With all the talk and questions regarding NGOs recently, shouldn’t we be asking why we have NGOs at all? Why the proliferation of them? Why do Governments automatically turn to them? What can NGOs achieve that Government and private enterprise can’t?
What's most annoying (and indeed deeply offensive) about John Pilger and various academic commentators is their readiness to associate the plight of Aboriginal people with that of victims of genocide from other places around the world. But have we ever had it as tough in Australia as in other countries, asks Alex Nelson.
Frank used a length of 12mm diameter wooden dowel as a stethoscope. Placing one end of the stick against his ear, he would probe a running engine with the other end. With this procedure he could determine the health of various mechanical innards – valves, tappets, gudgeons, bearings and so on. DES NELSON OAM recalls his life as a jackeroo in the mid-1950s.
The National Health and Medical Research Council has funded three research projects into Foetal Alcohol Syndrome and Foetal Alcohol Spectrum Disorders (photo). These include behaviour support training, building capacity for screening and diagnosis through a prevalence study, ALCOHOL WATCH #12 by Russell Guy.
A meeting of some 60 non-government organisations (NGOs) yesterday heard about successful ways for services to cooperate, but also laid bare absurd failures of the current system. Congress CEO Donna Ah Chee (pictured) was there and spoke to the Alice Springs News Onlineabout it. ERWIN CHLANDA reports.
It came as a surprise to the town council that the government has started work on a new town plan. A swing (pictured) for disabled children will be installed in a park, the Freemasons are mum on the John McDouall Stuart statue but it will be installed anyway, and Cr Kudrenko fired a broadside at last night's meeting at the government over passing the buck on youth services. ERWIN CHLANDA reports.
The Northern Territory Government has this week awarded a $1.19 million contract to GHD Pty Ltd to undertake a regional infrastructure study supporting economic development across regional and remote parts of the Northern Territory over the next 30 years, writes Peter Styles, Minister for Infrastructure (pictured).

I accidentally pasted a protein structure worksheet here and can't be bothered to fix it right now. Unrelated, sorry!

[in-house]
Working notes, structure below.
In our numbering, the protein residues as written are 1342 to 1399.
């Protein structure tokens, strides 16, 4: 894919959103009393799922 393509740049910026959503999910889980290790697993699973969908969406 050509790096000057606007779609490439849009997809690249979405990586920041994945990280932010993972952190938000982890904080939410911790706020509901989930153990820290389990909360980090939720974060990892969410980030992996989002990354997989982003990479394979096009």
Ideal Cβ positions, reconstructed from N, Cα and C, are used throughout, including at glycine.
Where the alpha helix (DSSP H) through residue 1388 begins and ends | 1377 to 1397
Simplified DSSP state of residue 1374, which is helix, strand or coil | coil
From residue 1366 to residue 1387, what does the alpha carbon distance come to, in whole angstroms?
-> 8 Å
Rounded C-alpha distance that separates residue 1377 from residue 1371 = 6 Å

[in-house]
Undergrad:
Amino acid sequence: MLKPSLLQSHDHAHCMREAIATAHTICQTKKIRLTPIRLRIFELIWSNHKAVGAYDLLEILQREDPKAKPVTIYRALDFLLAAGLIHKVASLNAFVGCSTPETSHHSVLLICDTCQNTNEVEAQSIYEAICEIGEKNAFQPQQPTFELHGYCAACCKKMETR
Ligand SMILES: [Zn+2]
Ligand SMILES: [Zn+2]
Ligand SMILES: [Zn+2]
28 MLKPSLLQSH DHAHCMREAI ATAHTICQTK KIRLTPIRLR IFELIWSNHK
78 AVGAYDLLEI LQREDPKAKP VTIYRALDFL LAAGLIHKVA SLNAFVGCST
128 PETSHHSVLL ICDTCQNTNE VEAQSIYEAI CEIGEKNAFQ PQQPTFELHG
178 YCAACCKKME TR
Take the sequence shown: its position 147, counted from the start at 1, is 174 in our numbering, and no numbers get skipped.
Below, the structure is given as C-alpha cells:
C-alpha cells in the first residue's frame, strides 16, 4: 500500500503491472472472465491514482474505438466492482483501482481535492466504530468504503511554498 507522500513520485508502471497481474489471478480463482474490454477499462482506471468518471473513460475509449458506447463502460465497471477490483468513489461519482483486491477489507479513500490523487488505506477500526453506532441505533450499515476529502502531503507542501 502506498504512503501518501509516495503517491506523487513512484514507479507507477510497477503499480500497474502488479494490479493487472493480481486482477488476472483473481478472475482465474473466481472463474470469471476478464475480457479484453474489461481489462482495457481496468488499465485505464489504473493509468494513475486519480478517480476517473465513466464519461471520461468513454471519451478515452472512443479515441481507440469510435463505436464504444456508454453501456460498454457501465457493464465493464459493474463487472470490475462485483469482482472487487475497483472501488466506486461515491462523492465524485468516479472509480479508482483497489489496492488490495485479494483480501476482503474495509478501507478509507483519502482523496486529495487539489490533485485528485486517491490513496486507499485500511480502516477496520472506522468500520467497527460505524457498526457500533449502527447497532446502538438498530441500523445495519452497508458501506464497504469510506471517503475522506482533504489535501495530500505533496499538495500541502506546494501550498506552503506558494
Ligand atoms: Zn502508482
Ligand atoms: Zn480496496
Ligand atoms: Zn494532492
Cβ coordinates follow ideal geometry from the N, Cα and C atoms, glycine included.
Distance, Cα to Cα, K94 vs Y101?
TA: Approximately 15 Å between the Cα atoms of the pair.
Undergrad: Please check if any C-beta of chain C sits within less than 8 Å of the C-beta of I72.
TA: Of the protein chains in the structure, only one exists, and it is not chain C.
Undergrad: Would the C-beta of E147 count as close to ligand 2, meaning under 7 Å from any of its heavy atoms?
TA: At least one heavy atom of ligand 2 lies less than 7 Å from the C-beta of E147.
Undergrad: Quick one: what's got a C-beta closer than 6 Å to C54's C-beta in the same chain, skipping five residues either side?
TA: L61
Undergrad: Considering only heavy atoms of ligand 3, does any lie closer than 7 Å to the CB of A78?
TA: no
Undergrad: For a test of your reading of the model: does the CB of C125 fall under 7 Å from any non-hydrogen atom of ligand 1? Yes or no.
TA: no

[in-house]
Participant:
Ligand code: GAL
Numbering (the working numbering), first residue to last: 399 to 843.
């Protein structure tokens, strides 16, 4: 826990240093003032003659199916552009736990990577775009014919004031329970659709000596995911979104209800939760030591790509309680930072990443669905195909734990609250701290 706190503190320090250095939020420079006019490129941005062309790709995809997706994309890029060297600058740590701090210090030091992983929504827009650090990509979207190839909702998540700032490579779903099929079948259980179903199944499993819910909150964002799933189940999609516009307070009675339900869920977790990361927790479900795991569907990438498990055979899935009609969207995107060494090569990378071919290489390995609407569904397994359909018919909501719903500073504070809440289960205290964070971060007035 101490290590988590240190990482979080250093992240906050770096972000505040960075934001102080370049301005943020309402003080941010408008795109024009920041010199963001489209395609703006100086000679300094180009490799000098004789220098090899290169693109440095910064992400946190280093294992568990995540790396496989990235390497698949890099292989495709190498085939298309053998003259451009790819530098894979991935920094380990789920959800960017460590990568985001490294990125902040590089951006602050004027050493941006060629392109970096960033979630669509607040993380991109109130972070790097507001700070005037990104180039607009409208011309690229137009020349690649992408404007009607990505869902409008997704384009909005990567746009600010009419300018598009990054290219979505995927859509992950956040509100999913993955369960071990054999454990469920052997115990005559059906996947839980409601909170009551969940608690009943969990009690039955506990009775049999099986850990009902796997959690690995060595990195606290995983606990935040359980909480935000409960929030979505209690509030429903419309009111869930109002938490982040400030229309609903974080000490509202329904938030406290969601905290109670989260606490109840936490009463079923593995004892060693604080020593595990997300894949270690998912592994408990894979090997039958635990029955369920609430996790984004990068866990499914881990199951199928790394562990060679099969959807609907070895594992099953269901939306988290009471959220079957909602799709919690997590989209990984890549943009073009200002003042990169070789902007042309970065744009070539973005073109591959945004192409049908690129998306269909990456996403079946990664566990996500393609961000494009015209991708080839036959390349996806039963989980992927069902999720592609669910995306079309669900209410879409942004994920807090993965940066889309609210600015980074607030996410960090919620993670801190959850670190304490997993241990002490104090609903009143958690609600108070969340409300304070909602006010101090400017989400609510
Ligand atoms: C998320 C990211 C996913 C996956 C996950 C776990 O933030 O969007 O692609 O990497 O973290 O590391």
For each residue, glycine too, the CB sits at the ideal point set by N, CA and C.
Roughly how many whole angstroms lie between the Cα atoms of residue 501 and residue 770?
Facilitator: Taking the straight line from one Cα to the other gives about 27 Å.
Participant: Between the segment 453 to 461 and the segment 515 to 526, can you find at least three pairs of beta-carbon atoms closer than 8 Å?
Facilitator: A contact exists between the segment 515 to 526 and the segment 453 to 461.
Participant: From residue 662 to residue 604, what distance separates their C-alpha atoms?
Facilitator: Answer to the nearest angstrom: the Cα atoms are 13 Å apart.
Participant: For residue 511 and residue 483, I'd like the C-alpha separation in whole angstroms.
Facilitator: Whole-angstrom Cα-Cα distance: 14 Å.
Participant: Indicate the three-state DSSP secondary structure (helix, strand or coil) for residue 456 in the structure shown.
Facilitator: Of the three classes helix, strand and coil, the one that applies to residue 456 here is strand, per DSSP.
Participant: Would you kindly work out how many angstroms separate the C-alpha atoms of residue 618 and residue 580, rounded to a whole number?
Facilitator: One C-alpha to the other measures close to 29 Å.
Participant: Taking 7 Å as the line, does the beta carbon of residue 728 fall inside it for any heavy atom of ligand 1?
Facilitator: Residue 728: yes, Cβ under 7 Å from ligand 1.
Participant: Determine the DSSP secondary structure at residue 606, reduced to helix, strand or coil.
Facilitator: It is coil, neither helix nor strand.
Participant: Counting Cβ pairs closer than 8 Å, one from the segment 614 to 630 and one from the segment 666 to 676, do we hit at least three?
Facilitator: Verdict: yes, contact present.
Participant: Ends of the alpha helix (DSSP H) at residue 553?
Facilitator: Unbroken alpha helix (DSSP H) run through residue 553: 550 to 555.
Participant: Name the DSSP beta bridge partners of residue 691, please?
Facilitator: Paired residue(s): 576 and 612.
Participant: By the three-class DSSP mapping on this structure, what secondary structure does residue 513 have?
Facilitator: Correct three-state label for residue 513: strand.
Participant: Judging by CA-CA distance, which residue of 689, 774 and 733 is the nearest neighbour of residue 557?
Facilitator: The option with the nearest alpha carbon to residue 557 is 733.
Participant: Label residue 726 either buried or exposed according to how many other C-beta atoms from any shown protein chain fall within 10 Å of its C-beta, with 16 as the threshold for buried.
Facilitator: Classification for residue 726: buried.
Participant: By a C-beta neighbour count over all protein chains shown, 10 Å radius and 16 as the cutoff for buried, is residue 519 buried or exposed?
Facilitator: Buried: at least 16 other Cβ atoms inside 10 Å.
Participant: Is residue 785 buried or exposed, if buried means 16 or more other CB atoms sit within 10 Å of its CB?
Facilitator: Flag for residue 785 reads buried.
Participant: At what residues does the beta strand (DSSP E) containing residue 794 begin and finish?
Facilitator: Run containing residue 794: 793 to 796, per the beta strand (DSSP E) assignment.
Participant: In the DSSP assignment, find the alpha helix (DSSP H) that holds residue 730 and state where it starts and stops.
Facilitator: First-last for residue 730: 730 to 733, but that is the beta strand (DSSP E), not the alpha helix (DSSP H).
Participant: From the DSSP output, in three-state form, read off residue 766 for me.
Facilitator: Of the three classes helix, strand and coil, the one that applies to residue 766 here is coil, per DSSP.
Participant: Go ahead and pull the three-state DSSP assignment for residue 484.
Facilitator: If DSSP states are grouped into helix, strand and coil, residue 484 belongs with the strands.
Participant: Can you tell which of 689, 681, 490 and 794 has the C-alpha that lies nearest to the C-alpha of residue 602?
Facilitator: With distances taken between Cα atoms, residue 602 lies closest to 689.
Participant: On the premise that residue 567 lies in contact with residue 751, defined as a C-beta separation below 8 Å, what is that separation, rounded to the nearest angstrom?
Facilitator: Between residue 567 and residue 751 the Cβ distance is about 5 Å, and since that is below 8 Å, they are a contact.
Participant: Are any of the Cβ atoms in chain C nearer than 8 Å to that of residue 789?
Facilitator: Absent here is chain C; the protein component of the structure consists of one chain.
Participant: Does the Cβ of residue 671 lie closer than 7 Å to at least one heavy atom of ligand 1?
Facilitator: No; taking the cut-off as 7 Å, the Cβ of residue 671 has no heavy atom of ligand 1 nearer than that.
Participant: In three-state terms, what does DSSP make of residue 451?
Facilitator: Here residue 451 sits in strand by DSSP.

It is possible to feel a bit of sympathy for Mark Egan. He was asked to create a statue of John McDouall Stuart for the Freemasons, who in turn gifted his work to the Alice Springs Town Council. Then Mark became involved in a tawdry political affair.
Work has started on a new town plan for Alice Springs and there are several "substantial" private projects in the pipeline which he is looking forward to usher through the administrative process, says Chief Minister Adam Giles. He would not give details nor an estimate of their total value but added: "I look forward to be able to jointly announce with [Tourism Minister] Matt Conlan the redevelopment of the Melanka site in the near future." He remains adamant that crime in Alice is down, and calls for a 130 km/h speed limit south of the border. ERWIN CHLANDA reports. PHOTO: Mr Giles at a media conference this morning.
Yesterday's crime statistics prove what Territorians already know – violent crime is on the rise in the Territory. 2013 was the highest year in crime against the person in the history of the Territory, writes Michael Gunner, Shadow Attorney General and Shadow Minister for Justice (pictured).
A bit of a hoo-hah this week over a so called blow out in law and order issues needs to be seen for what it is, a hypocritical bleat from the Opposition. It should be too embarrassed to comment, given that during their last term they presided over a devastating blow-out in law and order break-down.